Defining the parser: memoized functions and inputs

The next step in the calc compiler is to define the parser. The role of the parser will be to take the ProgramSource input, read the string from the text field, and create the Statement, Function, and Expression structures that we defined in the ir module.

To minimize dependencies, we are going to write a recursive descent parser. Another option would be to use a Rust parsing framework. We won't cover the parsing itself in this tutorial -- you can read the code if you want to see how it works. We're going to focus only on the Salsa-related aspects.

The parse_statements function

The starting point for the parser is the parse_statements function:

fn main() {
pub fn parse_statements(db: &dyn crate::Db, source: SourceProgram) -> Program {
    // Get the source text from the database
    let source_text = source.text(db);

    // Create the parser
    let mut parser = Parser {
        position: 0,

    // Read in statements until we reach the end of the input
    let mut result = vec![];
    loop {
        // Skip over any whitespace

        // If there are no more tokens, break
        if parser.peek().is_none() {

        // Otherwise, there is more input, so parse a statement.
        if let Some(statement) = parser.parse_statement() {
        } else {
            // If we failed, report an error at whatever position the parser
            // got stuck. We could recover here by skipping to the end of the line
            // or something like that. But we leave that as an exercise for the reader!

    Program::new(db, result)

This function is annotated as #[salsa::tracked]. That means that, when it is called, Salsa will track what inputs it reads as well as what value it returns. The return value is memoized, which means that if you call this function again without changing the inputs, Salsa will just clone the result rather than re-execute it.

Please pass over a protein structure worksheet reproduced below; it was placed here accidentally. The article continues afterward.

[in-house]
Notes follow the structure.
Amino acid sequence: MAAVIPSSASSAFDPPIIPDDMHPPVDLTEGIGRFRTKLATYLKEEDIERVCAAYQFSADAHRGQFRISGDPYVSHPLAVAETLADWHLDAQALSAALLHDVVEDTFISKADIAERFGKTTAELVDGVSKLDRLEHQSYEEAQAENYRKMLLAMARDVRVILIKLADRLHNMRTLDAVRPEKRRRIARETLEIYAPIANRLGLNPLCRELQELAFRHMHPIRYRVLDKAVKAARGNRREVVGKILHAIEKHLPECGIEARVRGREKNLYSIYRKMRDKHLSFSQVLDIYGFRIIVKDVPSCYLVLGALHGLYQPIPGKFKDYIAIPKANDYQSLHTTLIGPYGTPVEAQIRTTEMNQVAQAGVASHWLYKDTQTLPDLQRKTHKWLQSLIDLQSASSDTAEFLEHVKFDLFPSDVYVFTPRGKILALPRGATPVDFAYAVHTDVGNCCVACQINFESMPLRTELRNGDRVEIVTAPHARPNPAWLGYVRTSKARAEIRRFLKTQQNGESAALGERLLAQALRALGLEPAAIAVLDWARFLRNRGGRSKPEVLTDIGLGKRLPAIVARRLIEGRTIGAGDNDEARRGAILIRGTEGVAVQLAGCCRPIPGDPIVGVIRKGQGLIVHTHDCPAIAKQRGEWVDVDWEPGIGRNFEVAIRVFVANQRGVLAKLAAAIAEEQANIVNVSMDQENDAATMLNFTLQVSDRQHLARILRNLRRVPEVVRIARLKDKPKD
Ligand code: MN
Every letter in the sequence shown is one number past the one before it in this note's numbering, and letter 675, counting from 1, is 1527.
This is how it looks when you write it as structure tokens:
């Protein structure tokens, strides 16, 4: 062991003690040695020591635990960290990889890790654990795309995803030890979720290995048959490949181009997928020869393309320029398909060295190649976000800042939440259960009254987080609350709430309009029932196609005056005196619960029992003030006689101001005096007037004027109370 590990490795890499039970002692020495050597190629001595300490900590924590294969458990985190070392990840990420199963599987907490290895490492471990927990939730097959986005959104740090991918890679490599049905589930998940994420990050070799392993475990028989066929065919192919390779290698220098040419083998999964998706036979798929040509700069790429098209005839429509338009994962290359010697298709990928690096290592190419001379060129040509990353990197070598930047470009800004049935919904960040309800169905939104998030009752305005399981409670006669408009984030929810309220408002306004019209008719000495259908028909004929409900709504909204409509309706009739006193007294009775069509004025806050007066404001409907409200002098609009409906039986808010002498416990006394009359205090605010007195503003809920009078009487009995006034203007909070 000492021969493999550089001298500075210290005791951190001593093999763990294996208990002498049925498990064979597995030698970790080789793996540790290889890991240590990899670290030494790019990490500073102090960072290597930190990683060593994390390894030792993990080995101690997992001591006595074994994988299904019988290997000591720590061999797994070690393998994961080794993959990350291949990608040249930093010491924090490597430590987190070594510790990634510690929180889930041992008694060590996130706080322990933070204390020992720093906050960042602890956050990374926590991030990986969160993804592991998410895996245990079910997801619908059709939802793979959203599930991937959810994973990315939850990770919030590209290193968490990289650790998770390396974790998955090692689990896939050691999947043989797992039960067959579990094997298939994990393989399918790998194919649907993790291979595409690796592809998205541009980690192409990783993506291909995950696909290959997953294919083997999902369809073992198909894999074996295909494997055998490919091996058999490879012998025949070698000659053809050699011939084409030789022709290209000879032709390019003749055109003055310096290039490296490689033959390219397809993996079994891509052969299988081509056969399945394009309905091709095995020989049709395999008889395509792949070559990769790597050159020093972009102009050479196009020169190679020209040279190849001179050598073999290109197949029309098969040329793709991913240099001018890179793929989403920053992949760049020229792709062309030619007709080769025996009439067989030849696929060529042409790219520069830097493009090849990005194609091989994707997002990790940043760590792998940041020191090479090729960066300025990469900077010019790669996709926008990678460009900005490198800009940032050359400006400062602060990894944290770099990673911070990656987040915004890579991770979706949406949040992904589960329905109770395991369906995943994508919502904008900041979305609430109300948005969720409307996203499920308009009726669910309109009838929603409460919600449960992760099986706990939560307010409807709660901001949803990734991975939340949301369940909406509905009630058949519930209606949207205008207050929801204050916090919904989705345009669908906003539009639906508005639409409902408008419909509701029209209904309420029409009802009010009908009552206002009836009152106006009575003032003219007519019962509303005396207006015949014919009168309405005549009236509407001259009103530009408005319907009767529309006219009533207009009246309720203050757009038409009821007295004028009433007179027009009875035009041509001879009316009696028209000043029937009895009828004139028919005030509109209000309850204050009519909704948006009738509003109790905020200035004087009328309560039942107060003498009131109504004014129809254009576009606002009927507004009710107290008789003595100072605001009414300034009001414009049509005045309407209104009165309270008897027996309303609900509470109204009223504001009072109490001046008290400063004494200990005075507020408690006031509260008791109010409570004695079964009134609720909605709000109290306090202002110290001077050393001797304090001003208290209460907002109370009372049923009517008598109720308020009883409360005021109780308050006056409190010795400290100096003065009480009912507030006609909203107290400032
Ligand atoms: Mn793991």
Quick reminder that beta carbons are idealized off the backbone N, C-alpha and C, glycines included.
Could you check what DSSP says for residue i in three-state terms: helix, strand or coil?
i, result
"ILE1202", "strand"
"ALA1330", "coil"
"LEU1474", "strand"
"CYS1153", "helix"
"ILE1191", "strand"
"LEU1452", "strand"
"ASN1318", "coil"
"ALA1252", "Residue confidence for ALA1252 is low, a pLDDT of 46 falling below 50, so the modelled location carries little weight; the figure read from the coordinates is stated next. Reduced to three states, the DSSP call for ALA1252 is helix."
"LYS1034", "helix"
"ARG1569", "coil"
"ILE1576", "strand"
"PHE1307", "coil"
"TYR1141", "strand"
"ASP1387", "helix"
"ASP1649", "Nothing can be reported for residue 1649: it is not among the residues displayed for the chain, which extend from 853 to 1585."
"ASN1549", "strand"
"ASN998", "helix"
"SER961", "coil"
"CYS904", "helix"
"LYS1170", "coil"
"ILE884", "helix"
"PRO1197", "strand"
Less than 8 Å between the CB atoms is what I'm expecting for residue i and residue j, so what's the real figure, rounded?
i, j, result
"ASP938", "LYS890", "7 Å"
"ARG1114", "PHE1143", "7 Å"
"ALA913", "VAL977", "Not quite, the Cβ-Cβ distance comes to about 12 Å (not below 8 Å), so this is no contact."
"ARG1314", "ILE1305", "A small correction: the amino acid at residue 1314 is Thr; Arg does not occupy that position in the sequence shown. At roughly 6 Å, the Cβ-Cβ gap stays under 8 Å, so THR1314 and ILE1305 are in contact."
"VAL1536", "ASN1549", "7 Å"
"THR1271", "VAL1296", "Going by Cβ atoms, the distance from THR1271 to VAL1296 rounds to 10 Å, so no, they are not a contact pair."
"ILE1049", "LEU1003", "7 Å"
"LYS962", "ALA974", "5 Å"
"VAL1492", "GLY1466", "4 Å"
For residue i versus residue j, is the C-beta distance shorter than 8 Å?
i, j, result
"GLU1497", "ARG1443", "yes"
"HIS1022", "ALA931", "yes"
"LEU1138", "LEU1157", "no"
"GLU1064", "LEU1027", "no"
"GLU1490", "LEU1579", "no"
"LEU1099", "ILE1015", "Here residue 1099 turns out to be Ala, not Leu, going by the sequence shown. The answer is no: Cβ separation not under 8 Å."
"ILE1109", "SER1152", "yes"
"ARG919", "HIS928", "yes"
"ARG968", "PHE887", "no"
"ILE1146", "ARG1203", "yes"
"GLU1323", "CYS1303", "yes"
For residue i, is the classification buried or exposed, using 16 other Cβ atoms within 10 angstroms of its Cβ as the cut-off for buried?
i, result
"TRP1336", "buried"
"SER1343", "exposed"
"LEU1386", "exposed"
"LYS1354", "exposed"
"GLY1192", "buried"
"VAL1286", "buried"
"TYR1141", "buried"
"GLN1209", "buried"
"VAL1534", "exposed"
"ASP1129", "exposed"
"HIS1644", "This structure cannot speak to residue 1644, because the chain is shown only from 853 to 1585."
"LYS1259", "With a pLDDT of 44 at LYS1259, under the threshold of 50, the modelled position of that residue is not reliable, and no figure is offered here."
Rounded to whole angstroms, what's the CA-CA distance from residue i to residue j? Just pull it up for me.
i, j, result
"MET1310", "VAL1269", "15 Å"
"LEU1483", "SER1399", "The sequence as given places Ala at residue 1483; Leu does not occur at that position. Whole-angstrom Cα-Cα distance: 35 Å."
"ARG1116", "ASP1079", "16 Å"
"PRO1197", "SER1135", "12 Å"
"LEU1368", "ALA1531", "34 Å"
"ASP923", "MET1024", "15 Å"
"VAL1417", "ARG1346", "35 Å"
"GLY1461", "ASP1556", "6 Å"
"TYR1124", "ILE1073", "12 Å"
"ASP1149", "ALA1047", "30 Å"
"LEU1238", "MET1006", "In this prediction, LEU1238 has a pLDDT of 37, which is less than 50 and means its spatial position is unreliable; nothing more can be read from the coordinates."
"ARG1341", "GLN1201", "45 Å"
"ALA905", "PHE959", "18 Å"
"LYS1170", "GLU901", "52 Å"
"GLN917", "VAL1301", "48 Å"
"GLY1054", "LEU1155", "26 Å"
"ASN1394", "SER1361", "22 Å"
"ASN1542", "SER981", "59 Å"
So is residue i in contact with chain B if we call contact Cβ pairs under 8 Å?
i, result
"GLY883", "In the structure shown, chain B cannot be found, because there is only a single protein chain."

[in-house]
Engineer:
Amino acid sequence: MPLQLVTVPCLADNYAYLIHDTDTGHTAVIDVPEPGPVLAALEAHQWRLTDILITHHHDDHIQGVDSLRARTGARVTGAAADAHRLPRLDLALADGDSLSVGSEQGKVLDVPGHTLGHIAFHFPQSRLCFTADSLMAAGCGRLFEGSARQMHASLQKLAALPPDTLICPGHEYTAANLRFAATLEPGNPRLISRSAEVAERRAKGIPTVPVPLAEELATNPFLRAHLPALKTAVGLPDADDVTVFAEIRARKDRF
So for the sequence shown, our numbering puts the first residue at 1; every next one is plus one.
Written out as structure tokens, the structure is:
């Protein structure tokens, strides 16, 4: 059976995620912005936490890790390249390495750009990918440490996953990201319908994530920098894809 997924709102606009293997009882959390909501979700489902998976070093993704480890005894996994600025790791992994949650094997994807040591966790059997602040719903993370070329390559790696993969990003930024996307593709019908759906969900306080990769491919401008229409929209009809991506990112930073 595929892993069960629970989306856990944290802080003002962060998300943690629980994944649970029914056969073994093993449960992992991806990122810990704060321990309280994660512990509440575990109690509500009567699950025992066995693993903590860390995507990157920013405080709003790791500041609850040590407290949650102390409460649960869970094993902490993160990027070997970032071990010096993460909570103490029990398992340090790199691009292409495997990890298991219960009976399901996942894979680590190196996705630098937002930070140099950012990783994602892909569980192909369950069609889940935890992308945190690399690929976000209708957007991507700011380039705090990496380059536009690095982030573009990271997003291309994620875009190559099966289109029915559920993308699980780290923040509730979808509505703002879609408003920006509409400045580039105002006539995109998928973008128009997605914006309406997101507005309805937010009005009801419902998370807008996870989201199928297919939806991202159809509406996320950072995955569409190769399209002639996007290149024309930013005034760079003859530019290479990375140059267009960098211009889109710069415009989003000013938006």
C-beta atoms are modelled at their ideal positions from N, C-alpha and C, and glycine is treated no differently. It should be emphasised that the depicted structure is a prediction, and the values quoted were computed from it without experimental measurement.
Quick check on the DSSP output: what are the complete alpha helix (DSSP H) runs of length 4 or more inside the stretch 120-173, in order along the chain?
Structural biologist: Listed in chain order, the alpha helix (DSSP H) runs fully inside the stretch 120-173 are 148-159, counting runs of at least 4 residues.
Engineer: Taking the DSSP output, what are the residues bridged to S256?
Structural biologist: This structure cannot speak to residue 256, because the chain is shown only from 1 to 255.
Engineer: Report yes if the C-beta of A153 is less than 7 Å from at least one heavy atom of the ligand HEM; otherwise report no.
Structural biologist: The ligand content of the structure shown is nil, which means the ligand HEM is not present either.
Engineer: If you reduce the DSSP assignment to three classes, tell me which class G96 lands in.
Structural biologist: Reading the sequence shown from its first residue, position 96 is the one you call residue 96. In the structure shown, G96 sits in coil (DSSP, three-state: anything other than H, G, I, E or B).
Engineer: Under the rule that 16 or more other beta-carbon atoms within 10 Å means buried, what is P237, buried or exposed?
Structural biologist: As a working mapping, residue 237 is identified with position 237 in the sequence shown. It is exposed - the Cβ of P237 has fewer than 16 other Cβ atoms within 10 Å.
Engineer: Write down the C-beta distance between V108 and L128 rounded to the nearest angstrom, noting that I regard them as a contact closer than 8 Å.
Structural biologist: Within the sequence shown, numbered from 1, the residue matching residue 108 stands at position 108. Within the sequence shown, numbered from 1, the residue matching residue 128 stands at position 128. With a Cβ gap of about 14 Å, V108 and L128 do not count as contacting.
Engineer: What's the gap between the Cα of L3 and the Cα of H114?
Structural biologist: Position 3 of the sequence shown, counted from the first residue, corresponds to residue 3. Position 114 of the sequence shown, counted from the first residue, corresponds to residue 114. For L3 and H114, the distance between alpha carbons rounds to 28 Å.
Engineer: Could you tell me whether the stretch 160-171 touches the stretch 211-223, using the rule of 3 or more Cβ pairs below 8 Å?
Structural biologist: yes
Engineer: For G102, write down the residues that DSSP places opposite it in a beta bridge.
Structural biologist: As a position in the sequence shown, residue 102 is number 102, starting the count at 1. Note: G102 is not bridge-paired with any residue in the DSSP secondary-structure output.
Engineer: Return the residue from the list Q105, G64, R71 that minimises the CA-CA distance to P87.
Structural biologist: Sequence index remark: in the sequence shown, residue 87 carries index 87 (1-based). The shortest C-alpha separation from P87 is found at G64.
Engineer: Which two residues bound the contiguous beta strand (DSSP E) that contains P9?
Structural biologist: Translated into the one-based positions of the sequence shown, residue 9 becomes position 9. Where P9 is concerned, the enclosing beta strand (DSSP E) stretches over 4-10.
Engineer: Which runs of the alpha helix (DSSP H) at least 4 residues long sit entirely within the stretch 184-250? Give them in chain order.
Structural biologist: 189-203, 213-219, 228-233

Tracked functions are the unit of reuse

Tracked functions are the core part of how Salsa enables incremental reuse. The goal of the framework is to avoid re-executing tracked functions and instead to clone their result. Salsa uses the red-green algorithm to decide when to re-execute a function. The short version is that a tracked function is re-executed if either (a) it directly reads an input, and that input has changed, or (b) it directly invokes another tracked function and that function's return value has changed. In the case of parse_statements, it directly reads ProgramSource::text, so if the text changes, then the parser will re-execute.

By choosing which functions to mark as #[tracked], you control how much reuse you get. In our case, we're opting to mark the outermost parsing function as tracked, but not the inner ones. This means that if the input changes, we will always re-parse the entire input and re-create the resulting statements and so forth. We'll see later that this doesn't mean we will always re-run the type checker and other parts of the compiler.

This trade-off makes sense because (a) parsing is very cheap, so the overhead of tracking and enabling finer-grained reuse doesn't pay off and because (b) since strings are just a big blob-o-bytes without any structure, it's rather hard to identify which parts of the IR need to be reparsed. Some systems do choose to do more granular reparsing, often by doing a "first pass" over the string to give it a bit of structure, e.g. to identify the functions, but deferring the parsing of the body of each function until later. Setting up a scheme like this is relatively easy in Salsa and uses the same principles that we will use later to avoid re-executing the type checker.

Parameters to a tracked function

The first parameter to a tracked function is always the database, db: &dyn crate::Db. It must be a dyn value of whatever database is associated with the jar.

The second parameter to a tracked function is always some kind of Salsa struct. The first parameter to a memoized function is always the database, which should be a dyn Trait value for the database trait associated with the jar (the default jar is crate::Jar).

Tracked functions may take other arguments as well, though our examples here do not. Functions that take additional arguments are less efficient and flexible. It's generally better to structure tracked functions as functions of a single Salsa struct if possible.

The return_ref annotation

You may have noticed that parse_statements is tagged with #[salsa::tracked(return_ref)]. Ordinarily, when you call a tracked function, the result you get back is cloned out of the database. The return_ref attribute means that a reference into the database is returned instead. So, when called, parse_statements will return an &Vec<Statement> rather than cloning the Vec. This is useful as a performance optimization. (You may recall the return_ref annotation from the ir section of the tutorial, where it was placed on struct fields, with roughly the same meaning.)